Tis the season for shareholder unrest. The annual AGM season always throws up curveballs for companies that think they are in control of the corporate narrative, only for external forces and factors to take over and turn the Annual General Meeting into Another Grumpy Meeting.
Could this be you?
Your company’s AGM notice of meeting went out almost a month ago and none of the resolutions appeared to raise any particular concerns. But now, on the eve of the proxy voting deadline, a flood of “against” votes has come in.
What you thought was going to be a routine run-through of the oft-repeated corporate narrative in front of a handful of shareholders could actually become an unwieldy affair hijacked by shareholders raising issues you didn’t want to address, or even worse, didn’t realise you had.
Up until a few years ago the conventional wisdom was that shareholders – and we usually meant the big, institutional end of town – voted with their feet. If they didn’t like the company’s direction, they simply sold their holdings.
Then in 2011 the ASX introduced the two-strikes rule, which meant that if a company’s remuneration report – an annual AGM resolution – attracted a vote against of 25 per cent or more in two successive years, then shareholders would vote on spilling the company’s entire board. Strikes have happened aplenty, though a board is yet to be voted off as a result of the two-strikes rule.
It certainly sharpened investor and company executives’ attention on executive remuneration practices.
Just as pertinently, the remuneration resolution became a “protest resolution” of choice for disgruntled shareholders. If was often used by shareholders to protest against the company’s performance, even if remuneration levels were acceptable.
Fast-forward to today’s world and shareholders by and large are far more discerning with their protests.
During this AGM season, which kicked off in the past couple of weeks but will really get going this month, keep a look-out for the following resolutions to cop a beating:
Adoption of the Remuneration Report – are salaries out of whack with the company’s market cap? Are the STI hurdles too generous? Or the LTIPs excessive?
(Re)election of an individual director – it is becoming increasingly common to see large protest votes – think 15 to 25 per cent – against the (re)election of non-executive directors. Quite often it has nothing to do with your company but is a reflection of your director’s other gigs. And some of those may have caused disappointment in shareholder land.
Adoption of senior executive options or incentive share plans – you might think the issue of these performance-based pieces of equity is fair and square. Not everyone will agree. Put yourself in the shoes of the smaller shareholders, who during the year may have missed out on participating in a discounted share placement. Here is an opportunity to vent.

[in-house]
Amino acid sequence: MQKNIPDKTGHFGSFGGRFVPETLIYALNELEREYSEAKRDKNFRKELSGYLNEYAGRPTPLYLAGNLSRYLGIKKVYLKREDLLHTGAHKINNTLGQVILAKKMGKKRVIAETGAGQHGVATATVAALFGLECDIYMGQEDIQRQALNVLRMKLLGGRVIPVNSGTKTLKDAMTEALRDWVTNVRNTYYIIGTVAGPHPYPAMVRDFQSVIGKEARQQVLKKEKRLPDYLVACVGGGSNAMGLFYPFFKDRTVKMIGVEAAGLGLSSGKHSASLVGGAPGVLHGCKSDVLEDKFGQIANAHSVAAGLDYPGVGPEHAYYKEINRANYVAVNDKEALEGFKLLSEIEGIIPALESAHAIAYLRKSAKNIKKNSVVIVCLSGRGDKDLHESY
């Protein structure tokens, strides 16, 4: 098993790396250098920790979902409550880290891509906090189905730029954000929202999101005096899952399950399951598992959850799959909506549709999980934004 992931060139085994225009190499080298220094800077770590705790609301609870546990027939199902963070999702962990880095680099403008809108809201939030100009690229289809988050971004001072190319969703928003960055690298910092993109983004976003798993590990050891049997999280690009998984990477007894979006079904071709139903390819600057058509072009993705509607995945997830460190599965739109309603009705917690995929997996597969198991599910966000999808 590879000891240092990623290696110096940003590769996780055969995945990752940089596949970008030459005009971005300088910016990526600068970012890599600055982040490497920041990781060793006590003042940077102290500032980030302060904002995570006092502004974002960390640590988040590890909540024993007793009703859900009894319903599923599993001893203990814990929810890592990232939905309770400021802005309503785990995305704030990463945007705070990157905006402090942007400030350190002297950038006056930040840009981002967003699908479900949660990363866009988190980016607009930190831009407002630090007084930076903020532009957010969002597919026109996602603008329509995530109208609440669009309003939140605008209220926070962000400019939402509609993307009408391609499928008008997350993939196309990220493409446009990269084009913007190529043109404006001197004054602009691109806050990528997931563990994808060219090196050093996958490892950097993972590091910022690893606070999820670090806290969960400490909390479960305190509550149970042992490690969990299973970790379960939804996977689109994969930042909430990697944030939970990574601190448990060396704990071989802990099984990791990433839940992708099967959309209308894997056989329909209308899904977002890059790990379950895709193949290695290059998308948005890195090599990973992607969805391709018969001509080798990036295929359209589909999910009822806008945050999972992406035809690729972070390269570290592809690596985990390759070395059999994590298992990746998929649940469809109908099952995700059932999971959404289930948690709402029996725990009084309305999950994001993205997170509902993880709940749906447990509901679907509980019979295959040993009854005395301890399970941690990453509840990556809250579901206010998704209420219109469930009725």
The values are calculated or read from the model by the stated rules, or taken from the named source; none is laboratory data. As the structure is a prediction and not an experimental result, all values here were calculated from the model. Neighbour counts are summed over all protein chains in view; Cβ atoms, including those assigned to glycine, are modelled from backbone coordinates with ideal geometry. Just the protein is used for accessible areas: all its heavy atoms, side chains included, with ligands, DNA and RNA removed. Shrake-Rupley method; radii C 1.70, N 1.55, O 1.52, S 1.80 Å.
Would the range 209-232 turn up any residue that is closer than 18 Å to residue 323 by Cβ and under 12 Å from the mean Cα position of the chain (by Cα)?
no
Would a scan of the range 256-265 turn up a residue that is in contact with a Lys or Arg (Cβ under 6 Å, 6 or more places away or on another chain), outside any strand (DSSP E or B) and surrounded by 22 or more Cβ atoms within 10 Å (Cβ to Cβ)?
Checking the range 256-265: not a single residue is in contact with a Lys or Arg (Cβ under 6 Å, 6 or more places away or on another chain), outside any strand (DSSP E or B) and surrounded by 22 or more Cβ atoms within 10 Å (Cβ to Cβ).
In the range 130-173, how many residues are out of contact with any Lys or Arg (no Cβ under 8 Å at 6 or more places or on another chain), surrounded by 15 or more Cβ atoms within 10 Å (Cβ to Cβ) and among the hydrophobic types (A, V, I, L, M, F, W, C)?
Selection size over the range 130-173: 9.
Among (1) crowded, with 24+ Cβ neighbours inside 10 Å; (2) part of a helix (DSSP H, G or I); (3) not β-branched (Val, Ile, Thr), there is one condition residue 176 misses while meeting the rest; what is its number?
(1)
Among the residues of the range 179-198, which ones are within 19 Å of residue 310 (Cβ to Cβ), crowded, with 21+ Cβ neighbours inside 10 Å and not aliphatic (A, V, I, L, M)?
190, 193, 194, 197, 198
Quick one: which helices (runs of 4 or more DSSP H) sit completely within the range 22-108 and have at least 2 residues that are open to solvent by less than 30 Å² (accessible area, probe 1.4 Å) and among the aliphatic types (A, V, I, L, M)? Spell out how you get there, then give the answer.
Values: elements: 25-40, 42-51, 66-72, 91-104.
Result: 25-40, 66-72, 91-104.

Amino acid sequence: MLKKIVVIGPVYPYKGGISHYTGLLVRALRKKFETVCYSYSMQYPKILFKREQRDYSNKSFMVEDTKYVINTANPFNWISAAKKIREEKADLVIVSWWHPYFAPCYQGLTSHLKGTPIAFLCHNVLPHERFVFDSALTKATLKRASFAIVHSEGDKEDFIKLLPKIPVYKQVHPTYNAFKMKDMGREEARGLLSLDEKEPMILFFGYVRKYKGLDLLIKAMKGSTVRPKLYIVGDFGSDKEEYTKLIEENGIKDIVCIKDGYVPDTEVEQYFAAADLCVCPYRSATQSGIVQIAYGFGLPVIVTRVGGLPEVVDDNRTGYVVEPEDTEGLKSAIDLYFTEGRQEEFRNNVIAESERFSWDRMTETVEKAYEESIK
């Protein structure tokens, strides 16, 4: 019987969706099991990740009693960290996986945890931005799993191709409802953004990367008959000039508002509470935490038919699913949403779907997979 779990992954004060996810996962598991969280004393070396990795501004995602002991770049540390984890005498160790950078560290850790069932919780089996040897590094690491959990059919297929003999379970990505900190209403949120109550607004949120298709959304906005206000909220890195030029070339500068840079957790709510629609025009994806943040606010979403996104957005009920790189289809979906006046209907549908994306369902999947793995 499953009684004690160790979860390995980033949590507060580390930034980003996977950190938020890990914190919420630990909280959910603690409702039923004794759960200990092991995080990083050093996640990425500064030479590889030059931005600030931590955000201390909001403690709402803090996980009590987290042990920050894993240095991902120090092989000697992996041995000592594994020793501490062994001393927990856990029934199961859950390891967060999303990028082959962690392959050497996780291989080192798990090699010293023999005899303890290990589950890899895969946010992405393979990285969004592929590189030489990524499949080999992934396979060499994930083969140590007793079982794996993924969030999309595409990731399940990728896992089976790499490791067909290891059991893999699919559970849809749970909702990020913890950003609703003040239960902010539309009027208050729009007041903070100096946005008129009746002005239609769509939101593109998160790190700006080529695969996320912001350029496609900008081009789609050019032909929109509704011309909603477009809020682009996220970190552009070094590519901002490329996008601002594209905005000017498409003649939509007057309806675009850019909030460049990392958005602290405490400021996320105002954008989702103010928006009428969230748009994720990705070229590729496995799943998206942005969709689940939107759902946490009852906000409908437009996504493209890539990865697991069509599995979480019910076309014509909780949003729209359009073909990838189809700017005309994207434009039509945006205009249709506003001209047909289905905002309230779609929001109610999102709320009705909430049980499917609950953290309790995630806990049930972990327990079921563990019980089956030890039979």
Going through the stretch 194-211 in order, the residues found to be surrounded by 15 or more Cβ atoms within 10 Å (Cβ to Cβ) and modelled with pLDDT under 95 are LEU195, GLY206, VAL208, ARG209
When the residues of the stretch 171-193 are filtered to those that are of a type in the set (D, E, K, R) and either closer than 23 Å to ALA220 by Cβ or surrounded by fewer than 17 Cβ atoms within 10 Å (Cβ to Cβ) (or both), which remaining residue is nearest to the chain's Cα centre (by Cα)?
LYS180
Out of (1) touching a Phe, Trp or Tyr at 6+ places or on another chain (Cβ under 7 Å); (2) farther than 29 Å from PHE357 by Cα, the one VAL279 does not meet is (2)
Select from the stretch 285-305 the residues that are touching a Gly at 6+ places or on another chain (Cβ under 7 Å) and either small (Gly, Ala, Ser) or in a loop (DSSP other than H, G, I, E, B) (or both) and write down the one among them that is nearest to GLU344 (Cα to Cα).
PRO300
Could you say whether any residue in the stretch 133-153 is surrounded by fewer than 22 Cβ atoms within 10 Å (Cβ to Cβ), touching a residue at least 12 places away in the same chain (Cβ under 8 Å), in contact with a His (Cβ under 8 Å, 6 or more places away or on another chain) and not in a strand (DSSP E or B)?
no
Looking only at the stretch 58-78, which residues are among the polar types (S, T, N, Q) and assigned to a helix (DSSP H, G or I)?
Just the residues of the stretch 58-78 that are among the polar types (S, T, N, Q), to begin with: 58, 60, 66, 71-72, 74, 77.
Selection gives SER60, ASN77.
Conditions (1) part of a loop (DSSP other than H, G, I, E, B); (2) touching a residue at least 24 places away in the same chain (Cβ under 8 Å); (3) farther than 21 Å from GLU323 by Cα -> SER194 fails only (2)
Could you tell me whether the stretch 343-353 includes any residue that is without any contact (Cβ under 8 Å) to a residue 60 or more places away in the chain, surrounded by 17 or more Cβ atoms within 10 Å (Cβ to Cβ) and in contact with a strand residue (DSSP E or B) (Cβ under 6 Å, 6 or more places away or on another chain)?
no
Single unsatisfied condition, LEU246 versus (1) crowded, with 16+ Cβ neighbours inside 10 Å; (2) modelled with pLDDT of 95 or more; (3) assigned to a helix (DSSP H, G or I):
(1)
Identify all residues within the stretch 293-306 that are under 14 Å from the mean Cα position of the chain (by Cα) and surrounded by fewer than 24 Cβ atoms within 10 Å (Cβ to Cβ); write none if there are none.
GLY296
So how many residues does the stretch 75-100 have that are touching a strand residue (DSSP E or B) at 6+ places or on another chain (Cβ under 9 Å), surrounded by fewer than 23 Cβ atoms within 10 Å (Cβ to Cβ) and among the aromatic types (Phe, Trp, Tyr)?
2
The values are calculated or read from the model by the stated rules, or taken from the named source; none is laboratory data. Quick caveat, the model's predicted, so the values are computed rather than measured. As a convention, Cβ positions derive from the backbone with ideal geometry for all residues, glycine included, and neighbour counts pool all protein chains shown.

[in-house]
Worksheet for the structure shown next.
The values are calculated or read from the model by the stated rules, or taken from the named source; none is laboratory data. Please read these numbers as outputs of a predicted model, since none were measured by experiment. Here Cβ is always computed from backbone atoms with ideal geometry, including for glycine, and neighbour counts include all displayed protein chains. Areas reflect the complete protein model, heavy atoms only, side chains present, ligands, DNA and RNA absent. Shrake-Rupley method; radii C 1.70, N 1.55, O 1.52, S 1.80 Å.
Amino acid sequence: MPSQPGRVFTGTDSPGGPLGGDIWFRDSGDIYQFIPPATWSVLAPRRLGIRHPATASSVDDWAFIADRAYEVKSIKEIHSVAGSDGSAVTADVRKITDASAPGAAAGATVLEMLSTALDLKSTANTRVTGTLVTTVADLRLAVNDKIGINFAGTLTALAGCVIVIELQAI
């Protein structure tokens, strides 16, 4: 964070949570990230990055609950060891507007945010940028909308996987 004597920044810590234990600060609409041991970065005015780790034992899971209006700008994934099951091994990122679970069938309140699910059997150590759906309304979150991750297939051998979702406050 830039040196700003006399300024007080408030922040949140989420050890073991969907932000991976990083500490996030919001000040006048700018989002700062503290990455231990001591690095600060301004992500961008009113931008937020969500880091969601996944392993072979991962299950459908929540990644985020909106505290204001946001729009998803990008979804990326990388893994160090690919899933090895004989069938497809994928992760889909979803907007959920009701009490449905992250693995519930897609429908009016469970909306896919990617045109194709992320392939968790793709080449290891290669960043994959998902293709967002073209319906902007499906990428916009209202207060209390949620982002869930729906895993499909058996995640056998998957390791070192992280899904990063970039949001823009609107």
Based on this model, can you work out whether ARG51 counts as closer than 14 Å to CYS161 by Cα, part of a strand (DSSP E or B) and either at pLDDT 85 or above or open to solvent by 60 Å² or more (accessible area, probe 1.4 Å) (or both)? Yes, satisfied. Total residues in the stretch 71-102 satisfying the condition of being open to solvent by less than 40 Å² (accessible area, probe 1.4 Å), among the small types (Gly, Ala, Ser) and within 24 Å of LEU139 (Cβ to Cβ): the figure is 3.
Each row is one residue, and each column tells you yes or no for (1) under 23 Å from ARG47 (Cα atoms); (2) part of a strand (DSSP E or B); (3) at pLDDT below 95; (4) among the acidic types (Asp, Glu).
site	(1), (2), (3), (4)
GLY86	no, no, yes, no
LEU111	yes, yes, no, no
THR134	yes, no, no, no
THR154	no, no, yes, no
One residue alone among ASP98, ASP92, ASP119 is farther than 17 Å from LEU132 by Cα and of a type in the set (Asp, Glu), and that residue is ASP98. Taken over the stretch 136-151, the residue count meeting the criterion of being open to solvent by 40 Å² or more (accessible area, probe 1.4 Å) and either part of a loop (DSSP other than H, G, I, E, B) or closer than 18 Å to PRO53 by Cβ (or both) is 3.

Approval of 10 per cent placement capacity – this is a significant issue for companies at the smaller end of the ASX market capitalisation spectrum. The market for junior stocks has been dreadful in the past few years, severely curtailing equity raising opportunities. Many juniors are existing on a hand-to-mouth basis of drip-feed mini-placements. Renewing the annual placement capacity is therefore vital, though beware the disgruntled shareholder who has seen their stake diluted in size – and value.
Increase in non-executive directors’ remuneration – I know, non-executive directors haven’t had a pay rise since 2015. But in that time the company’s share price has gone backwards, cash is tight and your flagship project is no closer to delivering you value. Maybe the non-execs can hang on for another year.
In the modern history of AGMs, only a minority of ASX-listed companies have had any of the above five resolutions voted down. But increasingly we are witnessing shareholders taking action at the AGM by venting their frustration through voting against particular resolutions.
As a non-executive director, nothing should be more embarrassing than having more than 20 per cent of the AGM vote against your (re)election. It is something we are witnessing more and more.
The same is true for senior executive equity packages.
In short, the remuneration report resolution is no longer the only avenue for shareholders to protest.
And it is amazing how in this day and age of media chasing the “unusual” story, the best way to get headline treatment is to have a large protest vote at your AGM – because it demonstrates you are out of touch with your constituents.
For all the rhetoric about understanding your shareholder base, ask yourself: do you really know how they feel? Is your company’s share price performance well understood and justified by external market factors? And does your corporate narrative still resonate?
If you see adverse proxy votes come in, alarm bells should start ringing. Irrespective of the turnout on the floor on the day of AGM, any protest vote should be heeded and addressed post-meeting.
Reassess your corporate narrative. Reassess the way you engage with your shareholder base, both large and small. And reposition your communications strategy from one of reactive to the proverbial horse bolting to an engaged and pro-active regime that keeps the stable door on shareholder dissent firmly closed.